Daily Wrap-up: Manufacturing, oil, Fed help TSX

Daily Wrap-up: Manufacturing, oil, Fed help TSX

Daily Wrap-up: Manufacturing, oil, Fed help TSX Manufacturing, oil, Fed help TSX
The main index of the Toronto Stock Exchange gained Wednesday as the Fed announced its rate decision, oil prices gained and Canadian manufacturing showed growth.

The Fed said it will still increase interest rates but at a slower pace than previously expected with just two hikes likely during 2016. Meanwhile oil prices were boosted by news that producers of around 73 per cent of the world’s oil will meet on April 17.

Canada’s manufacturing sales saw a 2.3 per cent rise in January according to Statistics Canada. The $53.1 billion total was boosted by gains for motor vehicles, food, and motor vehicle parts. Petroleum and coal products dropped 5.9 per cent in the month. In all, 80 per cent of Canada’s manufacturing sectors gained.

Around the world, stocks were mixed with Asia and Europe closing before the Fed. Europe was also affected by the UK budget which saw London stocks gain.

Wall Street closed higher on the Fed and oil.
The S&P/TSX Composite Index closed up 77.82 (0.58 per cent)
The Dow Jones closed up 74.23 (0.43 per cent)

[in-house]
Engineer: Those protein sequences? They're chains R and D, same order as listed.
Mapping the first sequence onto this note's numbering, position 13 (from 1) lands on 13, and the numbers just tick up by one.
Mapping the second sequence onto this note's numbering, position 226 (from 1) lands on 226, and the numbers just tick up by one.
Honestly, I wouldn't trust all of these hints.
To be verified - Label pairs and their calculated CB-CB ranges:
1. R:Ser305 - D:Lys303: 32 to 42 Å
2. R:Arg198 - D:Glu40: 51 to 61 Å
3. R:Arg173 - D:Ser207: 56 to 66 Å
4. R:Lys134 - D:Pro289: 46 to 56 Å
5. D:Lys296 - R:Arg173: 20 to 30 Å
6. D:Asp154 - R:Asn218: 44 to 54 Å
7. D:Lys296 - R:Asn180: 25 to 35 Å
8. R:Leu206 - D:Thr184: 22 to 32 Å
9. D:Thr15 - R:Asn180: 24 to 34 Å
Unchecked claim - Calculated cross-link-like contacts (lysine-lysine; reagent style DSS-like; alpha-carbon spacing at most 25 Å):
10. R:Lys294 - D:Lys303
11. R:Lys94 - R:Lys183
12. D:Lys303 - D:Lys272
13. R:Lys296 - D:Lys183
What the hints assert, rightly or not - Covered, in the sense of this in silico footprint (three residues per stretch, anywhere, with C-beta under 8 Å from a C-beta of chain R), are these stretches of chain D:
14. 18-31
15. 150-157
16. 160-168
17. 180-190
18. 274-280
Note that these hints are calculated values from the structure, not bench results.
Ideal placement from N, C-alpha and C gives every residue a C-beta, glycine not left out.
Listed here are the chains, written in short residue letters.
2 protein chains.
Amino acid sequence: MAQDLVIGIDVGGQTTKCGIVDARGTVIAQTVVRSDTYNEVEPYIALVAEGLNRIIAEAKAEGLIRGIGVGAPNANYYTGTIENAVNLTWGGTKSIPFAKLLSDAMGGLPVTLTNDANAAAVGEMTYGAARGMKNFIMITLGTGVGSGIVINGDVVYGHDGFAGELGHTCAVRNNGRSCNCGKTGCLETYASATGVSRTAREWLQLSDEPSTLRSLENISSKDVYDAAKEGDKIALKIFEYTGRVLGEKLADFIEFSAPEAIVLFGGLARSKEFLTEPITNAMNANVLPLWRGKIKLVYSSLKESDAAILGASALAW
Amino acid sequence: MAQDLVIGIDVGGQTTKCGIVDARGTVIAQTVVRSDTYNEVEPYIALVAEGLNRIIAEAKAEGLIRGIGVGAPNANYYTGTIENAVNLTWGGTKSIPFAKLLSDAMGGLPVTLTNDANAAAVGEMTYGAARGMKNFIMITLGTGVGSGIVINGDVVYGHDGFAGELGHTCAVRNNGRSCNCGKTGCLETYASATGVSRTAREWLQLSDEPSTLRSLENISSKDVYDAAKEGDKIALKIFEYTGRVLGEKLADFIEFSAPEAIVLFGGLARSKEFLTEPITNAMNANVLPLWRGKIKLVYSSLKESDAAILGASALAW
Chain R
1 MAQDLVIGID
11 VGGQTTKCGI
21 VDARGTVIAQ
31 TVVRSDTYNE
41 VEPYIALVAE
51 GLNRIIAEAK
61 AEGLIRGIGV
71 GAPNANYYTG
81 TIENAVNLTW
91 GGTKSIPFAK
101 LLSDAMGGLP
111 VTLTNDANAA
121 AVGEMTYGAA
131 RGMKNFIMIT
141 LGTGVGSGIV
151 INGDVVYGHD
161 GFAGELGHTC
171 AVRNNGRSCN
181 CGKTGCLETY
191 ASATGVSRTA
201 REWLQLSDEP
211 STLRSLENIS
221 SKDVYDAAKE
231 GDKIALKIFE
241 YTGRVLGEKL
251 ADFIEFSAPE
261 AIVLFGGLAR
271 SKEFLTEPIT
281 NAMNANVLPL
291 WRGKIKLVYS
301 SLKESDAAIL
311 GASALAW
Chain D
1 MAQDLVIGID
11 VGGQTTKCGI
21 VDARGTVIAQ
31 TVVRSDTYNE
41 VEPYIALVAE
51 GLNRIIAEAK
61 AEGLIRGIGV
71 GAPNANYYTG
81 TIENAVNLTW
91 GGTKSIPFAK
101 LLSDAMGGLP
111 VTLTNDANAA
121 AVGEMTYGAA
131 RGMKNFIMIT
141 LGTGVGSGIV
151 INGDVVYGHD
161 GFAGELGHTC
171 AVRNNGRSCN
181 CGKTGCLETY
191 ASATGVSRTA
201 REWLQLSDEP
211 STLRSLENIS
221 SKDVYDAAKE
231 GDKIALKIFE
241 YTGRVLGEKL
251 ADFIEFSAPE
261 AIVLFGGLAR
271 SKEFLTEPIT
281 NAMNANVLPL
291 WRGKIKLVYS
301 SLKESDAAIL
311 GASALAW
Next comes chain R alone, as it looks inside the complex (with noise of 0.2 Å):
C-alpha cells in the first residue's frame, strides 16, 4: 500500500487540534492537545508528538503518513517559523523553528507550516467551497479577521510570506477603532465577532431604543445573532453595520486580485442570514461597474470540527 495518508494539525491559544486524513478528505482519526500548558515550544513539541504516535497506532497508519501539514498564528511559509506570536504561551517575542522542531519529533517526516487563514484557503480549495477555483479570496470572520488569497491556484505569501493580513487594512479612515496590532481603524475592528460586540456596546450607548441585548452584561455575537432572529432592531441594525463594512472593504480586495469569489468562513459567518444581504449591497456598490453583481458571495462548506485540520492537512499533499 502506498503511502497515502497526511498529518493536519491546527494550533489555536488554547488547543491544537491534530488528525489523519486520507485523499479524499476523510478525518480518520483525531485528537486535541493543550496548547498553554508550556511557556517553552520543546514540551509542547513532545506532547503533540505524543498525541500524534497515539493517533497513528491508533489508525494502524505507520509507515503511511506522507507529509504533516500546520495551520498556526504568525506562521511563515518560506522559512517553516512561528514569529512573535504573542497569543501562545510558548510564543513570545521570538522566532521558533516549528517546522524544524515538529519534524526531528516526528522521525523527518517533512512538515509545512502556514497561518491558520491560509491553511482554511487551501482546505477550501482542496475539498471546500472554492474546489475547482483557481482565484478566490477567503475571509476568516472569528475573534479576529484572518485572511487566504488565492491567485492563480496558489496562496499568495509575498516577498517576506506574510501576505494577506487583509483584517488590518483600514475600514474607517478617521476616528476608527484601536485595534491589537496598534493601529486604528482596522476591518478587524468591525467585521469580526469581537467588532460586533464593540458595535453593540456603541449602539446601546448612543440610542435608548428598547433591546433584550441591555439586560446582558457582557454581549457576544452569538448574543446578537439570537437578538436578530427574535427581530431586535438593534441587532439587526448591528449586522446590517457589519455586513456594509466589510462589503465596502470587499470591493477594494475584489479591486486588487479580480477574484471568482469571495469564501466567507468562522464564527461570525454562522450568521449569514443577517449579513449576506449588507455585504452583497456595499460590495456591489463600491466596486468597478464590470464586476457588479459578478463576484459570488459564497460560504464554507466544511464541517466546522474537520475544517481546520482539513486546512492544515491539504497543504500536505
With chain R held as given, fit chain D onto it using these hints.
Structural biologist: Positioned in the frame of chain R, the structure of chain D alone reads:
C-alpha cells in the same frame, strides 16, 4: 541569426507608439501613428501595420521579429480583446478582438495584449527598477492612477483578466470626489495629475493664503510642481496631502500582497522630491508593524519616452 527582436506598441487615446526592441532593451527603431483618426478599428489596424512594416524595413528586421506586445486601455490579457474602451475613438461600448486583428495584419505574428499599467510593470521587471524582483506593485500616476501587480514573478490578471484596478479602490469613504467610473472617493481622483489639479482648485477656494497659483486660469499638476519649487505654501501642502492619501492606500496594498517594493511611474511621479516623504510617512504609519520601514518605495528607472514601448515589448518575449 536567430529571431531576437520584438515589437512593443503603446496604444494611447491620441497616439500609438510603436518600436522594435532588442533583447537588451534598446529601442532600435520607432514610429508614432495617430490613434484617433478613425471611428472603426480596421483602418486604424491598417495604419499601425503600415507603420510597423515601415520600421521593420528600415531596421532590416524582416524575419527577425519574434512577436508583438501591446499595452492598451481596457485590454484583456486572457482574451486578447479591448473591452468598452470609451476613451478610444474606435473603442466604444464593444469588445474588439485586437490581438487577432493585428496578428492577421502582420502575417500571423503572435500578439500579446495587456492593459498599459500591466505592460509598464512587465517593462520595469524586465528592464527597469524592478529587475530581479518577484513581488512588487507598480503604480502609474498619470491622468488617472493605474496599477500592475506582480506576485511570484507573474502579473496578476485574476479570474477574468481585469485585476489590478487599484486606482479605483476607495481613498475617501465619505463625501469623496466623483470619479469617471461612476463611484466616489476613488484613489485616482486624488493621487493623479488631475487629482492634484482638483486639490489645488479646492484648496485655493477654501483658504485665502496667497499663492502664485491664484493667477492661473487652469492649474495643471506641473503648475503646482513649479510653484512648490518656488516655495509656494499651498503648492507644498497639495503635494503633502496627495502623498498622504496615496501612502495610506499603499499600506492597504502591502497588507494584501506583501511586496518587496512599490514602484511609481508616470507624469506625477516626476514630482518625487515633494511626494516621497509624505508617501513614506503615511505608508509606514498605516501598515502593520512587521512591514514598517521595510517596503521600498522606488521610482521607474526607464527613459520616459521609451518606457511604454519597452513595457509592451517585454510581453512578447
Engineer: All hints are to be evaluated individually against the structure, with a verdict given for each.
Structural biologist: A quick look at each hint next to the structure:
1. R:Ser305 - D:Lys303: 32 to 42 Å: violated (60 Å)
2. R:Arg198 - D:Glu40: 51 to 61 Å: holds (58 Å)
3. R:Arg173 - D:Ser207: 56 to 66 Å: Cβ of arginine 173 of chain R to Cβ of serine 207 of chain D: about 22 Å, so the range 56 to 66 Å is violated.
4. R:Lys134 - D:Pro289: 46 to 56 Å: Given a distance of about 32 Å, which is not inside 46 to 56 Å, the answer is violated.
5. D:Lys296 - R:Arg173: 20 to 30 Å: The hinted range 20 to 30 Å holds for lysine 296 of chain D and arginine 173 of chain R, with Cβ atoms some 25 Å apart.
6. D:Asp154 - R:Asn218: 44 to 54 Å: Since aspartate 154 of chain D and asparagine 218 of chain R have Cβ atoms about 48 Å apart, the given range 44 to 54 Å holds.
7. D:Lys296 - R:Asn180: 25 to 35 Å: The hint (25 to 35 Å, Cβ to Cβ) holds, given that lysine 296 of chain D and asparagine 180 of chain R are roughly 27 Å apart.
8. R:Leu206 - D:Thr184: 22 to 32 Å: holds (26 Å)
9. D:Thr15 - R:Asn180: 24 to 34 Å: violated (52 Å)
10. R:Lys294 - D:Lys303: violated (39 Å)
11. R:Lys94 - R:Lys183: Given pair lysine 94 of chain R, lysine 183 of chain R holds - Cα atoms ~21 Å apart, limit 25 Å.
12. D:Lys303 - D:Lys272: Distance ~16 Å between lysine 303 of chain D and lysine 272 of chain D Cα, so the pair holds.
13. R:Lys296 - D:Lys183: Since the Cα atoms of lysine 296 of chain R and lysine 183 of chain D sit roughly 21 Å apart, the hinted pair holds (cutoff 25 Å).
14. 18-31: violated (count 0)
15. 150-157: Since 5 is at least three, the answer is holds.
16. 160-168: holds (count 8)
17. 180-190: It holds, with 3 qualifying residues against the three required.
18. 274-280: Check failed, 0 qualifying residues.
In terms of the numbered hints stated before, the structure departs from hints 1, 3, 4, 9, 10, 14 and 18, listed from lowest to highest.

Oil is trending higher (Brent $40.30, WTI $38.56 at 4.50pm)
Gold is trending higher (1264.10 at 4.50pm)
The loonie is valued at U$0.7611
Foreign investment in Canada gained in January
Foreign investors acquired $13.5 billion of Canadian securities in January, following a slight divestment in December. The investment activity in the month was concentrated in Canadian private corporate debt securities.

Meanwhile, StatsCan reported that Canadian investors sold a record $13.8 billion of foreign securities in January, mainly in the form of equities. The overall volume of Canadian cross-border purchases and sales transactions in foreign securities increased significantly in January compared with the previous months.
Higher corporate taxes mean lower tax revenue say academics
A study by the University of Calgary says that if corporate taxes are too high then revenues can be impacted. The research from the School of Public Policy suggests that provincial revenues are affected by businesses leaving for other areas and that lower taxes, but from more businesses, would make economic sense. The exception is Quebec due to language and cultural issues which make leaving less attractive even if taxes are higher.